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This technique is useful for anyone in medical school, vets, anyone studying surgery, or in emergency situations in the field. This can also be applied to camping and fishing, paracord tying and as a cool trick to show your friends! As always, use CAUTION and be careful, especially if actually suturing, as it should only be by authorized licensed health-care personnel.

The video breaks it down but you may have to watch it a few times while following along. I suggest using a thicker string/rope at first to practice. The first thing to understand is that you do all the work with ONE-HAND. The other hand just holds one end of the suture tight.

To make it easy, I label the part of suture that is held still as "TIGHT end" of the suture. The part that is held in the hand that moves is called the "LOOSE end". I happened to be right-handed so I am going to hold with my left hand the "TIGHT" non-moving end of the suture, while my right hand holds the moving "LOOSE" end.

The second thing to understand is that we are actually making TWO knots... one FORWARD and the other REVERSE. This makes the knots "tighten up" and lock up against each other in a nice braid pattern. This also helps prevent loosening.

The FORWARD knot starts like this. You create an "S"-shape in the suture (loose end) using your index and ring finger of your dominant hand (I use my right hand, see video). Then you use your middle finger to grab the TIGHT end of the suture and loop it around the middle part of the "S" of the LOOSE end suture. As you do that, you have crossed the TIGHT end over the LOOSE end and have created a loop which allows you to fish the loose end through the loop and draw it out, making your first knot in the FORWARD direction.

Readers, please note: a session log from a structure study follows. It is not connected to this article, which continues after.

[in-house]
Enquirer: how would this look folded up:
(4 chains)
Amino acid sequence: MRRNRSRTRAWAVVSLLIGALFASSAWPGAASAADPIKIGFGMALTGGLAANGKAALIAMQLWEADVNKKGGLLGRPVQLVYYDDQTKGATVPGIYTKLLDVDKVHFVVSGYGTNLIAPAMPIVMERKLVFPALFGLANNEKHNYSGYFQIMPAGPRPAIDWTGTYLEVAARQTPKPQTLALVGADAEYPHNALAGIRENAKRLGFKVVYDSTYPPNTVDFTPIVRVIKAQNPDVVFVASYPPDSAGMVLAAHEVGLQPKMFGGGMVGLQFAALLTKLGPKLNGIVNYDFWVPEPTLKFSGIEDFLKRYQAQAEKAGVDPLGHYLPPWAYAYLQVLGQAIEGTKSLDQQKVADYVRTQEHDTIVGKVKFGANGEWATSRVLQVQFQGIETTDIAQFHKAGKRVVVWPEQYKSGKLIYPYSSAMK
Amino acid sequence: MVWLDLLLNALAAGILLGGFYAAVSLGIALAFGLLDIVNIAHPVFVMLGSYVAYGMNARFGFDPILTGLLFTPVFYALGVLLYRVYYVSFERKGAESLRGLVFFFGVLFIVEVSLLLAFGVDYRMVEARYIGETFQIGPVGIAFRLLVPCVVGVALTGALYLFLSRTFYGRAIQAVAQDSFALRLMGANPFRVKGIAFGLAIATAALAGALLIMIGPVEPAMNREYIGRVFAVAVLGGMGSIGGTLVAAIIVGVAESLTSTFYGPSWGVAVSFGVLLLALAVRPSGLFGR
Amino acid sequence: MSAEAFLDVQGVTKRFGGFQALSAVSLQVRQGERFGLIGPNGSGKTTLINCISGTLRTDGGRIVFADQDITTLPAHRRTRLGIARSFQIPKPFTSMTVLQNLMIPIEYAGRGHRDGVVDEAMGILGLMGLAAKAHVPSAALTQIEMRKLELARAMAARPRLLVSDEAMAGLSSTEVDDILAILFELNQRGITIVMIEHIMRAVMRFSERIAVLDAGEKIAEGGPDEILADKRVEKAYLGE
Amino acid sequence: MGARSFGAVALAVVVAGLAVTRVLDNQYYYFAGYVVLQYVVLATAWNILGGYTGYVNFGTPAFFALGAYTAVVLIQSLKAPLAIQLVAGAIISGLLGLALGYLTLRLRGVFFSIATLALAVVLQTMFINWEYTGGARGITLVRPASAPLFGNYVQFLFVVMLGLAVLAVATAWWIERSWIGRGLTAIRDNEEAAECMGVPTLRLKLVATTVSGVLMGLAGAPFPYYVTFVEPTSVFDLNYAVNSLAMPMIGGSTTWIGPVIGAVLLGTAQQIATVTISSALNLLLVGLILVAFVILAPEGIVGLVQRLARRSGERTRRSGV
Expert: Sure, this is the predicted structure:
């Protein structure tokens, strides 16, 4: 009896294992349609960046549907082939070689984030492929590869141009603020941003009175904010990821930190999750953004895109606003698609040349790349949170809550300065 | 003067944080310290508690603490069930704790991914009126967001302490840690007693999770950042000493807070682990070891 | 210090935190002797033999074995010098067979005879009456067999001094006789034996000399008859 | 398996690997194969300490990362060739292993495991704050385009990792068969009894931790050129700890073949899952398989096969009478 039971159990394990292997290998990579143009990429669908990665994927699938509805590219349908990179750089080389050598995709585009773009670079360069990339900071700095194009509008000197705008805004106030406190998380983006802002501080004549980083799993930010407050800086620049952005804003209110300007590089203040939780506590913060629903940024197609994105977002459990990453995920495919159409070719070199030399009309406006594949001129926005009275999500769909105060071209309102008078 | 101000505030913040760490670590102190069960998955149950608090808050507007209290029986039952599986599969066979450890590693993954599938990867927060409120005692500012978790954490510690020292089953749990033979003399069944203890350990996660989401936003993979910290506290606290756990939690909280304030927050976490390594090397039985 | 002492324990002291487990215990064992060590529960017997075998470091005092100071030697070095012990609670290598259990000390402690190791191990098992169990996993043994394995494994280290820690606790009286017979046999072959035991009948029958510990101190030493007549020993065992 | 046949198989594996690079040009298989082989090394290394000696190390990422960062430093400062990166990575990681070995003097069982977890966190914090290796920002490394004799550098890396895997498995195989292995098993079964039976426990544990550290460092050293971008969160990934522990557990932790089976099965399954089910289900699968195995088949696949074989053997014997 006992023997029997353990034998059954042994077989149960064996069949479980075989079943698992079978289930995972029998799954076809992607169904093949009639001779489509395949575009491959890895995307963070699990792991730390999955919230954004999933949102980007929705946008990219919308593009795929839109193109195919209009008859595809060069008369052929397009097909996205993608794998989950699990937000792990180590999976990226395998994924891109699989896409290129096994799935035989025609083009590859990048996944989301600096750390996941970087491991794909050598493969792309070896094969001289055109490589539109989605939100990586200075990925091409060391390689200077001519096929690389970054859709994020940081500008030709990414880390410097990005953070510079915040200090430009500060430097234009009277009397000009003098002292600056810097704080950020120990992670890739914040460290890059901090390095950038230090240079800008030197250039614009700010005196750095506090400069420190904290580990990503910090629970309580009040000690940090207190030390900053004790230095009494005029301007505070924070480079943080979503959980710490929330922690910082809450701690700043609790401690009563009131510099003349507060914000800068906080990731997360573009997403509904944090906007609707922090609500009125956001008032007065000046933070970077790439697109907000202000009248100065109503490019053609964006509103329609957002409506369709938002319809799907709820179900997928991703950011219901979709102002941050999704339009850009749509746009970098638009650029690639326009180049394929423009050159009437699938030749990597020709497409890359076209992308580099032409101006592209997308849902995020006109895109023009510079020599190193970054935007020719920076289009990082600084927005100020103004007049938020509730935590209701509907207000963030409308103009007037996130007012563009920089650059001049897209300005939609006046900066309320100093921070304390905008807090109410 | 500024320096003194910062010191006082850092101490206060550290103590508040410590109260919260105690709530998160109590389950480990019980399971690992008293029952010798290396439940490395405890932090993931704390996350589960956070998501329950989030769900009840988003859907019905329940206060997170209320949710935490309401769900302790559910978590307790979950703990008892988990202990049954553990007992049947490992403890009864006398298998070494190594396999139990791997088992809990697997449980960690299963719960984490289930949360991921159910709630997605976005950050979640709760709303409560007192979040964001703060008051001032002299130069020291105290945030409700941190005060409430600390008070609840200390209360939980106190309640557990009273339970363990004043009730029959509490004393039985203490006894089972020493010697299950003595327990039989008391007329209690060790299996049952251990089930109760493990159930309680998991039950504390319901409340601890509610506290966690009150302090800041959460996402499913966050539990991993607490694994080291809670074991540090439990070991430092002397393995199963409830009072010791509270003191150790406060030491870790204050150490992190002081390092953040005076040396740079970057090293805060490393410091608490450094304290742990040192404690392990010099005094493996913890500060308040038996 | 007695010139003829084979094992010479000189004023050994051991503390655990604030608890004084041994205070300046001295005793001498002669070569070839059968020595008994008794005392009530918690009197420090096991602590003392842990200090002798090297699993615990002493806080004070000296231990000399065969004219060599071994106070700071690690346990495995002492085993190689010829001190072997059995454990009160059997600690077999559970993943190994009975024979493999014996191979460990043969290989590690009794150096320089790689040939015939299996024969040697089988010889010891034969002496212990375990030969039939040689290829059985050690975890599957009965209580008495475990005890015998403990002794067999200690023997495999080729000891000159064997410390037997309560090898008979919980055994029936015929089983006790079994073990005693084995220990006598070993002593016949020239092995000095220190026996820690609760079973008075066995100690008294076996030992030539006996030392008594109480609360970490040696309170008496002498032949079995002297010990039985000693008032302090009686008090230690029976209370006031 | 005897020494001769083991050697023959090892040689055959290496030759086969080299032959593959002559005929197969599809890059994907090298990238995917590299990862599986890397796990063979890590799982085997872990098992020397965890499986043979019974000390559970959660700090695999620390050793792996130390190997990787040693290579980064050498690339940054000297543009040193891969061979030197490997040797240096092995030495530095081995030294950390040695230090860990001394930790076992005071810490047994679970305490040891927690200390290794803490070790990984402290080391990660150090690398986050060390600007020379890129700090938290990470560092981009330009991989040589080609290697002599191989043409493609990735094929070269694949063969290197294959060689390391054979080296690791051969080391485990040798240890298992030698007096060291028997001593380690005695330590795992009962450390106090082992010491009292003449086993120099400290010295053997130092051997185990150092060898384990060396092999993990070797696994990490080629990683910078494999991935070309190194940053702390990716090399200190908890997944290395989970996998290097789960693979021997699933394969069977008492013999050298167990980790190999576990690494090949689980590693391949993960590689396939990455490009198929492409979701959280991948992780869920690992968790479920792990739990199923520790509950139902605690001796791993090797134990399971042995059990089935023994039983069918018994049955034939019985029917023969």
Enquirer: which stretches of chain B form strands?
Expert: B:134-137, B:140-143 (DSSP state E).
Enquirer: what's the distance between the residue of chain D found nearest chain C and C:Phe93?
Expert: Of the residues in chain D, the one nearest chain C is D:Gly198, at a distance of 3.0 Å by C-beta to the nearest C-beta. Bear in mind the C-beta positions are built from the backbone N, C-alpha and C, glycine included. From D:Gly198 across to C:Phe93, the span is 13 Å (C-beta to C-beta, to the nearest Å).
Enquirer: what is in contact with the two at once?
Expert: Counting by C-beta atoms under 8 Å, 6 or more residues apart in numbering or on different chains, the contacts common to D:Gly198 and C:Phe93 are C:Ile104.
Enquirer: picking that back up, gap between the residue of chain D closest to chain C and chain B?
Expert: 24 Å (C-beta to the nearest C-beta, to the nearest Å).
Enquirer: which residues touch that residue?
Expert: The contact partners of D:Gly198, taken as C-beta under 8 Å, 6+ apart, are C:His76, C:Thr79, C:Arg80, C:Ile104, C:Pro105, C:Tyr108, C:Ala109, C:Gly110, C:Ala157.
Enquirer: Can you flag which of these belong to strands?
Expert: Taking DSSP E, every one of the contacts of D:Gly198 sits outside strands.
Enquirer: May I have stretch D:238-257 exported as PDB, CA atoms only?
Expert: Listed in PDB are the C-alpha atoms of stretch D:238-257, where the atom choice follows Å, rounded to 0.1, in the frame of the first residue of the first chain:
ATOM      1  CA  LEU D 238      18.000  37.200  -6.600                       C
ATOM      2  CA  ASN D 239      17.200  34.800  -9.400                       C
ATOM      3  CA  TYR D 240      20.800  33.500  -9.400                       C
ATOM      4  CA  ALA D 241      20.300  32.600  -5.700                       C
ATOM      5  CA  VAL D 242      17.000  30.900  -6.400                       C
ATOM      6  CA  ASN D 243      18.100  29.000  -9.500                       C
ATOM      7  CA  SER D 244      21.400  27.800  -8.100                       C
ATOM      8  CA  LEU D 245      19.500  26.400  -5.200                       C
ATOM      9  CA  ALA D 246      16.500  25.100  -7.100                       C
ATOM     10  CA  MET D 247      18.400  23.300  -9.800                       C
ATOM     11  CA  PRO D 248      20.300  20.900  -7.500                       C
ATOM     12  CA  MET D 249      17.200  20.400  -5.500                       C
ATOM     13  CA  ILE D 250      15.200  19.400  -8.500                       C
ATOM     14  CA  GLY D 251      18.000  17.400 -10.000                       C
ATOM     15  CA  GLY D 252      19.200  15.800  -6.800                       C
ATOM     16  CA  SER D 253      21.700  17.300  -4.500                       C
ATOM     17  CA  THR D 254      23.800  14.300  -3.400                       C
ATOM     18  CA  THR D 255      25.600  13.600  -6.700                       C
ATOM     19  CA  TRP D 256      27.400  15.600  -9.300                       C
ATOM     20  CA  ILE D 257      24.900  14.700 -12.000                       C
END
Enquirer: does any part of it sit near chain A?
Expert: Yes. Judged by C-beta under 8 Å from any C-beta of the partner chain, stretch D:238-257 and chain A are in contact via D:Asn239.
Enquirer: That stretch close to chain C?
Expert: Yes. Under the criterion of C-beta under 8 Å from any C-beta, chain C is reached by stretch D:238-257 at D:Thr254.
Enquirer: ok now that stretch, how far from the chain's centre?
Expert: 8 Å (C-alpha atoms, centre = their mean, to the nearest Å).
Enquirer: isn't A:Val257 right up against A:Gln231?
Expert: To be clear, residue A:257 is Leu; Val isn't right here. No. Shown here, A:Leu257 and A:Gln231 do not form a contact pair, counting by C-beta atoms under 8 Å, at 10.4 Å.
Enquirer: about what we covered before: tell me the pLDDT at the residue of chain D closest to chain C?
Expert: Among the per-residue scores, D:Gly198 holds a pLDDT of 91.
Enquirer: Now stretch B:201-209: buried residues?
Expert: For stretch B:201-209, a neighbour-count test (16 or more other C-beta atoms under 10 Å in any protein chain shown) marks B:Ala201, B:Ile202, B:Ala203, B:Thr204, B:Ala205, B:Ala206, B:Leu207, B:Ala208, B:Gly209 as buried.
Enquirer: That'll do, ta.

It sounds confusing, I know. Please watch the video and pause it, carefully copying what you see there with your fingers.

The REVERSE knot is achieved by using the index finger of your dominant hand to loop the TIGHT end of the suture around the LOOSE end. As you can see in the video, you prop up the LOOSE end of the suture across your thumb, so your index is free to grab hold of the the TIGHT end suture, then cross back under and then over the LOOSE suture end. As you do this, you flip around to form what looks like an "A"-shape with the sutures above and below your index finger, which is stuck in the middle (see video). At this point, just continue to pull the rest of the LOOSE end suture on top of your index finger up through the top of the "A" and then tighten up your knot.

Congratulations! You've learned how to tie a ONE-HAND surgeon's knot suture!

Repeat the process, FORWARD and REVERSE, over and over to continue tying the knot or creating a braid-like pattern. To tighten up the knots and make them lock into each other better, you can rotate your arms a bit so that the knots compact up nicely in a square form. This will remove any spacing in the knots and create a nice tight pattern and braid that is unlikely to unravel.

Thanks for watching and reading, and I hope you enjoyed this cool trick/technique which you can use to impress your friends, or may come handy one day in a life-saving situation! Don't forget to give me a THUMBS UP on YouTube if enjoyed this tutorial. Thanks!

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